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Energized learning environments,
global perspectives

The WSU Honors College curriculum stimulates your passion for learning and encourages an international awareness.

  • exchange ideas with engaged classmates and top professors
  • hone your oral and written communication skills
  • build a broad base of knowledge on a variety of topics
  • select from a wide variety of fascinating courses developed for Honors by the faculty who teach them


Courses are built on stepped foundations:

  • Freshmen and sophomores take courses that introduce scholarly inquiry into the humanities and arts, social sciences, mathematics, and physical and biological sciences.
  • Honors 198 (Freshman Seminar) draws on the experience of upperclassmen acting as peer facilitators.
  • Upperclassmen enjoy an interdisciplinary approach to the study of civilization, arts, and sciences.
  • The Honors Thesis is based on your original faculty-mentored research; certain majors instead complete a rigorous senior capstone project
  • Honors students are also able to take advantage of priority registration to ensure they get access to the best courses available.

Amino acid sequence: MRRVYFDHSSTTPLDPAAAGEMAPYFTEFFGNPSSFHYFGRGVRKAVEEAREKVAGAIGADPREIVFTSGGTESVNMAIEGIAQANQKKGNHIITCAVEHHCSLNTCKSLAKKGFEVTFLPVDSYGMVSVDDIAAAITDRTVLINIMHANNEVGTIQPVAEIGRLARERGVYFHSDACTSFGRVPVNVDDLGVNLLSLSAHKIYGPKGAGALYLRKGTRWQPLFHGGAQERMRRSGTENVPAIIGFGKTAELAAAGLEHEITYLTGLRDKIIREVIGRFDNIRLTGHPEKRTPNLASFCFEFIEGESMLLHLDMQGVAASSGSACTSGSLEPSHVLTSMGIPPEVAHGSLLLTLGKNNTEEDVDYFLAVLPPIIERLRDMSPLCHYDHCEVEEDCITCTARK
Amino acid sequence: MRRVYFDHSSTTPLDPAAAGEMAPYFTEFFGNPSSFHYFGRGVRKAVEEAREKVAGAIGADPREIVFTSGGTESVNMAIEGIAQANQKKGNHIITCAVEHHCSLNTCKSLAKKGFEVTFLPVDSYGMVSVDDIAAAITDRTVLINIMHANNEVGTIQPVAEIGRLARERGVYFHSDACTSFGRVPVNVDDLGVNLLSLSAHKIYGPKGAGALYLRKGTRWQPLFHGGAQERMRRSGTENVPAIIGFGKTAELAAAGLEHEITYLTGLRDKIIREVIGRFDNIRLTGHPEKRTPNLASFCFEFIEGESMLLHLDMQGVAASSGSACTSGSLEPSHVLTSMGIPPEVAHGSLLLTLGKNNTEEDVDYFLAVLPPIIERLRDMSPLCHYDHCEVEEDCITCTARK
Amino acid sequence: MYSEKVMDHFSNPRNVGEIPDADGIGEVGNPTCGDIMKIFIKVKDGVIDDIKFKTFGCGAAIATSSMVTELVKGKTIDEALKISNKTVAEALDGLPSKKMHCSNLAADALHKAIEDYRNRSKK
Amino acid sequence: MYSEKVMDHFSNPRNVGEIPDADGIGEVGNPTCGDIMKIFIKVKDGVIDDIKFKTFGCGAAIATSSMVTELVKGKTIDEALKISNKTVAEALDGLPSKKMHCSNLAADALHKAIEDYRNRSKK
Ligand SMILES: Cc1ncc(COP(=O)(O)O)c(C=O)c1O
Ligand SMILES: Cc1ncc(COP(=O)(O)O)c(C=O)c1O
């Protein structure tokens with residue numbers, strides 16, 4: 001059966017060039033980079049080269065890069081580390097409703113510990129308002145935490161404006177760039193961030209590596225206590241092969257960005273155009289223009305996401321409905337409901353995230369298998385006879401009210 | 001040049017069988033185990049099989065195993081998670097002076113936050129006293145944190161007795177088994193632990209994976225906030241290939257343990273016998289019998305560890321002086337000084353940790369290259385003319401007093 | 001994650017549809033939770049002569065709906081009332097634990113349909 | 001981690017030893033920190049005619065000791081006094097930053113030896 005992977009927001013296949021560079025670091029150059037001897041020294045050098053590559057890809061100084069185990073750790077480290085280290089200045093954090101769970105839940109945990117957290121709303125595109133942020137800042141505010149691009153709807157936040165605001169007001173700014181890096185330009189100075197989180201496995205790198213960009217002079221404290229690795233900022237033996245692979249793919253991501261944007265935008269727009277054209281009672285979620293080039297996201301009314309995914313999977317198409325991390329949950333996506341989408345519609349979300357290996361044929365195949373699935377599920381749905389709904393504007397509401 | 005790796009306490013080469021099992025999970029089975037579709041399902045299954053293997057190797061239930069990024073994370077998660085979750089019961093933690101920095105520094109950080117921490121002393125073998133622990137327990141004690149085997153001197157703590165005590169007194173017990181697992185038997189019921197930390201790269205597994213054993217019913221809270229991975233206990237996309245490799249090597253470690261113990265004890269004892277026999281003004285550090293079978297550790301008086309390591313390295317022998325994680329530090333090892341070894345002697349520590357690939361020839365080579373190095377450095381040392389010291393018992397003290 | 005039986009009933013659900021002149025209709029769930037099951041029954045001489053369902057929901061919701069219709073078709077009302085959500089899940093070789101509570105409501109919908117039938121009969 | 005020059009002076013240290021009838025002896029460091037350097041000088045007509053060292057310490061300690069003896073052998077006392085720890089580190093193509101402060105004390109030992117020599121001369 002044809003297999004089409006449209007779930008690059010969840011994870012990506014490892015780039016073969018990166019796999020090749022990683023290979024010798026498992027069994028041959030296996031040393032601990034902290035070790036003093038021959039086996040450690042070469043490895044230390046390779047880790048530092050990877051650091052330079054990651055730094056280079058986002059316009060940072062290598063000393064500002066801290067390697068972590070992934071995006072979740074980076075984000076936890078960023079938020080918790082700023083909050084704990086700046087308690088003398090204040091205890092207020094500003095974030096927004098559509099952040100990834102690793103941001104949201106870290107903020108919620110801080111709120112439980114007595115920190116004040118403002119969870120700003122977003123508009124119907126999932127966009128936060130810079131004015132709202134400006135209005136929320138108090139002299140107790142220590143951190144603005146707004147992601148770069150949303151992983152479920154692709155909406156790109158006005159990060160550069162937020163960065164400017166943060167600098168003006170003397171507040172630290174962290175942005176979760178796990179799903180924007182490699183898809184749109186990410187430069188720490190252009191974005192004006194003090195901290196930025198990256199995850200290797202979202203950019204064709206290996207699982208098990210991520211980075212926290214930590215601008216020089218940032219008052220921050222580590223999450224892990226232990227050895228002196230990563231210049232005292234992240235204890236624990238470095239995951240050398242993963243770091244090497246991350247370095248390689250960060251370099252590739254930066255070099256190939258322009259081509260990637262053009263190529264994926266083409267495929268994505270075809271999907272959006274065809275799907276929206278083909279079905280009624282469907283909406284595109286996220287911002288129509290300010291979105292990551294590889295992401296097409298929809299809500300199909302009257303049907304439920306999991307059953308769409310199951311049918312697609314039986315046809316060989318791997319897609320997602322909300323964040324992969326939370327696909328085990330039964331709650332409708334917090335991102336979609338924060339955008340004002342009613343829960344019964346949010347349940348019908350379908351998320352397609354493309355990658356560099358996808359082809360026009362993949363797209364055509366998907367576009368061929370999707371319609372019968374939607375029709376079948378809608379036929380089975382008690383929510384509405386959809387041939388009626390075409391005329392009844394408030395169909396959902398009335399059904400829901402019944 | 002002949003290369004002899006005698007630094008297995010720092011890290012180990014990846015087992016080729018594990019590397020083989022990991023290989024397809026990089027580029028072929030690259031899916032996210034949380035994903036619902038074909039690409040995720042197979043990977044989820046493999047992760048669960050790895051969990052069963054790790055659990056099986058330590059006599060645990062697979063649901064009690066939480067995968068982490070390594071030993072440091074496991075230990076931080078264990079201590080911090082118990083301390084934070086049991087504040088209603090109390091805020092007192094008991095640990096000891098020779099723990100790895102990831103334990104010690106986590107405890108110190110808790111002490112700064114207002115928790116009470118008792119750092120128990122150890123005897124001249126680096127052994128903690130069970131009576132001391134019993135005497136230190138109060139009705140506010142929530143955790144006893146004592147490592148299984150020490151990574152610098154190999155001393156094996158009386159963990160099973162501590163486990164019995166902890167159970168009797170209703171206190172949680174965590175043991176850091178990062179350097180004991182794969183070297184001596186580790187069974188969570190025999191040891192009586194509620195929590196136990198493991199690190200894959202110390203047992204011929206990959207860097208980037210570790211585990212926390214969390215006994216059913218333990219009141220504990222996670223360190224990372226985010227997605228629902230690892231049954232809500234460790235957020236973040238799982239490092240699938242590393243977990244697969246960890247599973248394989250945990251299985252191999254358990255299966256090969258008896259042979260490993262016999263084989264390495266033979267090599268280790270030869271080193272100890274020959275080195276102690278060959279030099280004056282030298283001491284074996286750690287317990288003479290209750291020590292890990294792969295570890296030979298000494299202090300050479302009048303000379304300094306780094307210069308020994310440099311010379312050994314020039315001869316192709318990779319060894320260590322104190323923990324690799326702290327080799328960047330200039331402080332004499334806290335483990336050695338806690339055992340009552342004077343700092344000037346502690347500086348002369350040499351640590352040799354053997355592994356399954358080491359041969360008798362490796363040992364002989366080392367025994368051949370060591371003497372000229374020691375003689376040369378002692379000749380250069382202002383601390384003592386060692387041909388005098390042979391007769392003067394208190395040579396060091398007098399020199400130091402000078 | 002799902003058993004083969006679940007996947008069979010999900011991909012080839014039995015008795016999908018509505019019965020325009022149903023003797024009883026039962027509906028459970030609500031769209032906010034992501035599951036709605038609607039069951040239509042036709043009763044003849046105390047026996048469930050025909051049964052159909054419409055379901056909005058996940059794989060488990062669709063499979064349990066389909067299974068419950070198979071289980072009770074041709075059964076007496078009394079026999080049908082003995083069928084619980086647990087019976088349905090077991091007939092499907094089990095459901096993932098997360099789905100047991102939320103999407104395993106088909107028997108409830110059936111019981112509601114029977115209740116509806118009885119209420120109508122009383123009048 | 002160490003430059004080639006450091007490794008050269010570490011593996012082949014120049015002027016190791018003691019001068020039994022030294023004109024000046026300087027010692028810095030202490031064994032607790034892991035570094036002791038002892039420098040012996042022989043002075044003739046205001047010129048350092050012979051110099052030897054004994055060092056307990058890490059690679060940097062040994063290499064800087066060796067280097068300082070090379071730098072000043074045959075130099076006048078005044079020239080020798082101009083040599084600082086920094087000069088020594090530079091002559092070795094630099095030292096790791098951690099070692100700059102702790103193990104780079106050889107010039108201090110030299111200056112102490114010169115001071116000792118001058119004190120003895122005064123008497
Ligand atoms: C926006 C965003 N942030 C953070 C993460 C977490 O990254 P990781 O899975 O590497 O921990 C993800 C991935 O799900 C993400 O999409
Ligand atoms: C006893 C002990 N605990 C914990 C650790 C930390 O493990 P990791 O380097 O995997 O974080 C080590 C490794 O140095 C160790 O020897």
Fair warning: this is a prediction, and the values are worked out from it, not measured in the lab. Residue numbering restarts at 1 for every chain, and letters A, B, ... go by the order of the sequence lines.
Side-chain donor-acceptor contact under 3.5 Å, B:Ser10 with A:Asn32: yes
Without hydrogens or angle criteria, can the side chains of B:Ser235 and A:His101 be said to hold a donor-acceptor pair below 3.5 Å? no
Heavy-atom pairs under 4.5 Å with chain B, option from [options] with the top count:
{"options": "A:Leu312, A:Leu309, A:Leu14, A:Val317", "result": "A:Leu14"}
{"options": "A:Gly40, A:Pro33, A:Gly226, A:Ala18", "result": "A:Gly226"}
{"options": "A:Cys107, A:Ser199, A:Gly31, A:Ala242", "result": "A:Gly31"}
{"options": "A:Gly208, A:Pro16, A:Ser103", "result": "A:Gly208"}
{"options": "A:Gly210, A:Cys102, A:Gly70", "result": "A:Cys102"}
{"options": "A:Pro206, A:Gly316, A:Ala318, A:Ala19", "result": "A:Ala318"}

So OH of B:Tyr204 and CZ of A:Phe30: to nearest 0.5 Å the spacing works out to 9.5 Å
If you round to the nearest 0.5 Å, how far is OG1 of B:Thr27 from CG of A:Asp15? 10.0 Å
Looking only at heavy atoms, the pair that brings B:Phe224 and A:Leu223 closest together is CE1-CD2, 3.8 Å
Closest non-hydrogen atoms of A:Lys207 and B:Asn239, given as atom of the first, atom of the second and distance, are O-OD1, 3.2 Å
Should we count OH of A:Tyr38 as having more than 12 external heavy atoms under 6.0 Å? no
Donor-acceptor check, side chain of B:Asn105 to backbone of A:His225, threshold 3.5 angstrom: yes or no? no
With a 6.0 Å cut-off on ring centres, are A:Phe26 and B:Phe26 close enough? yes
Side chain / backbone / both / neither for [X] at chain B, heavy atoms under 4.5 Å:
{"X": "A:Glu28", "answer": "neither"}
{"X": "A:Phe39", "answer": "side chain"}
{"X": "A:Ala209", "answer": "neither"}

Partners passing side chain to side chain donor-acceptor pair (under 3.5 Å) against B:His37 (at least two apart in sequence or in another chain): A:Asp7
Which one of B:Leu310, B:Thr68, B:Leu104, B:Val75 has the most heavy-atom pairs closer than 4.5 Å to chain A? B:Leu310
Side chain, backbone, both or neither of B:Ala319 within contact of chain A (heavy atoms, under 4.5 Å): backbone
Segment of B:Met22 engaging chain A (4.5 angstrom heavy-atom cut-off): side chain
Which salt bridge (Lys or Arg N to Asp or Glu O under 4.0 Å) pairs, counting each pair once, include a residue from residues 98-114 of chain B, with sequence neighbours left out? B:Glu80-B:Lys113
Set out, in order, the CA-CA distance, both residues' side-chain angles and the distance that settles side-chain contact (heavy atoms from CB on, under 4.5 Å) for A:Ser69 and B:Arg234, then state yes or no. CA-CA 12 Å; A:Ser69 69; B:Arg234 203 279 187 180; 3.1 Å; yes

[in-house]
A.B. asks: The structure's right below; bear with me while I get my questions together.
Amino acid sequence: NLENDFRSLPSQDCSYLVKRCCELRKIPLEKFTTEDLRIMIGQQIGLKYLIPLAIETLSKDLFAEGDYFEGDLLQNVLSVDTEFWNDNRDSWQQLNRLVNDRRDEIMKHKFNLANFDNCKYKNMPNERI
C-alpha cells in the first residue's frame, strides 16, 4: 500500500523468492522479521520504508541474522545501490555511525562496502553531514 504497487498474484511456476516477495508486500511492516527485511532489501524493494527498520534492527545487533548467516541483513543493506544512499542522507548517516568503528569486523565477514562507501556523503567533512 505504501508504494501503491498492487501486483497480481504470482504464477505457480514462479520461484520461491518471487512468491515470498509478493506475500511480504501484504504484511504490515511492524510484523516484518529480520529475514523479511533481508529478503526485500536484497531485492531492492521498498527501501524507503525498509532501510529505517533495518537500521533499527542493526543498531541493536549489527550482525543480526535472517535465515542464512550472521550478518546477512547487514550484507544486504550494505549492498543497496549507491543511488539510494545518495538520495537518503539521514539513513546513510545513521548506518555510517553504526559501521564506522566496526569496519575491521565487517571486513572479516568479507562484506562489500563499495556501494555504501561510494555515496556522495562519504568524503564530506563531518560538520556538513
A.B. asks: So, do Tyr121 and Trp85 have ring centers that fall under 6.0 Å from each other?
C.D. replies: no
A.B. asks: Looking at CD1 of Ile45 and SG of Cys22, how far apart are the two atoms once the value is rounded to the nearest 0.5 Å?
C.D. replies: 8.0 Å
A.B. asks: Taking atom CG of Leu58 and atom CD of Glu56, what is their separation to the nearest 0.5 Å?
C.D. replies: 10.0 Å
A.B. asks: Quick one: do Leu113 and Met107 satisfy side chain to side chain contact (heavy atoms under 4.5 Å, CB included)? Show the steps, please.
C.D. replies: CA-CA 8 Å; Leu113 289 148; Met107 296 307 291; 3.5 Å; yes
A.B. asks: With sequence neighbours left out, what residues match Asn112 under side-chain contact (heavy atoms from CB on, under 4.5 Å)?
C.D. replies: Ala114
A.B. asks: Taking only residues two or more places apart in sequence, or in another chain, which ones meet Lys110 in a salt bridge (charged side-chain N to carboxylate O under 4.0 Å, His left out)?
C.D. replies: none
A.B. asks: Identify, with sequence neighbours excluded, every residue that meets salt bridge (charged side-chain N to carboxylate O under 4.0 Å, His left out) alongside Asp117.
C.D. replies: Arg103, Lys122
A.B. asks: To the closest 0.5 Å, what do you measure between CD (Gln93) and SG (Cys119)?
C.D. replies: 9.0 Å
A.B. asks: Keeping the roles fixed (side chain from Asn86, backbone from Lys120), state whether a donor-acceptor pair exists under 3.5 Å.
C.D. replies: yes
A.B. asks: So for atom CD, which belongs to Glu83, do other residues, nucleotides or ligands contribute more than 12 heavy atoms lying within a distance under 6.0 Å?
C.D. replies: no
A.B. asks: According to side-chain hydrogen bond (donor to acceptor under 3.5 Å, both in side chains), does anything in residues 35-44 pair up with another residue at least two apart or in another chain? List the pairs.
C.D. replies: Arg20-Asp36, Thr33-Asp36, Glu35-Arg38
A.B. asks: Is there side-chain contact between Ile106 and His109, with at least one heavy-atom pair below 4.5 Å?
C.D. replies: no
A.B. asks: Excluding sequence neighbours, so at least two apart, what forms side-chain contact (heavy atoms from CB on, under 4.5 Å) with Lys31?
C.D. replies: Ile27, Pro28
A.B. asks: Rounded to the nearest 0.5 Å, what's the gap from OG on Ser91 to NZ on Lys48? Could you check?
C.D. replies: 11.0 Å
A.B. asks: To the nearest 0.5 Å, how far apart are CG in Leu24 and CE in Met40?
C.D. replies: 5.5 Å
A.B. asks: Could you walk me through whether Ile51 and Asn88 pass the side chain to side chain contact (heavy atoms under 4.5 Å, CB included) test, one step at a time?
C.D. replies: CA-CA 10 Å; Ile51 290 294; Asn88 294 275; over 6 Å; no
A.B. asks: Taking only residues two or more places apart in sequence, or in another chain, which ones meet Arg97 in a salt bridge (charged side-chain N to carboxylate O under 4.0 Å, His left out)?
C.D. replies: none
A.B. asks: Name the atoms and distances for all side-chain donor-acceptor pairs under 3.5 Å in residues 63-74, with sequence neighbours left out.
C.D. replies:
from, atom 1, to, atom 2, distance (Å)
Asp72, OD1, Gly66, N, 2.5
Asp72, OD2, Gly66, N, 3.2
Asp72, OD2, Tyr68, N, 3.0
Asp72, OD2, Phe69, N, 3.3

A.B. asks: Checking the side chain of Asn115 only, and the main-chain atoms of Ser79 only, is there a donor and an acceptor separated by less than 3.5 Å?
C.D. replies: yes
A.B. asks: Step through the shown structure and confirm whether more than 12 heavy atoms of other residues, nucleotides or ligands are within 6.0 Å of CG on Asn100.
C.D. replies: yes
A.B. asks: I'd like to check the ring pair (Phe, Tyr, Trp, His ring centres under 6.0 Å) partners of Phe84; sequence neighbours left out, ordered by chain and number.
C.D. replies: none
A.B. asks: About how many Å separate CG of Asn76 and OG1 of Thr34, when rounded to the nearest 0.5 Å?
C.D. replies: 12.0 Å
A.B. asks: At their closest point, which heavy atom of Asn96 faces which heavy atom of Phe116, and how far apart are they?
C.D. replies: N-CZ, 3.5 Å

for classes
to more
networking events,
and social activities

You can also earn credits doing things that really matter to you, transforming your knowledge into action through…

  • the national Model U.N. program that takes you and your teammates to New York City to represent a nation that you have studied in depth
  • study and research abroad to experience other cultures and languages firsthand

Many Honors students participate in research projects with a world-class professor, and present their work and findings at industry conferences or on campus at poster sessions, special competitions, and presentations.

Honors students demonstrate a foreign language proficiency and many work toward a “Certificate of Global Competencies.” Your Honors professors are skilled at helping you to understand, question, and achieve; they serve as mentors and guides, not lecturers. When it comes time to show what you know, you typically evidence what you have learned through written compositions.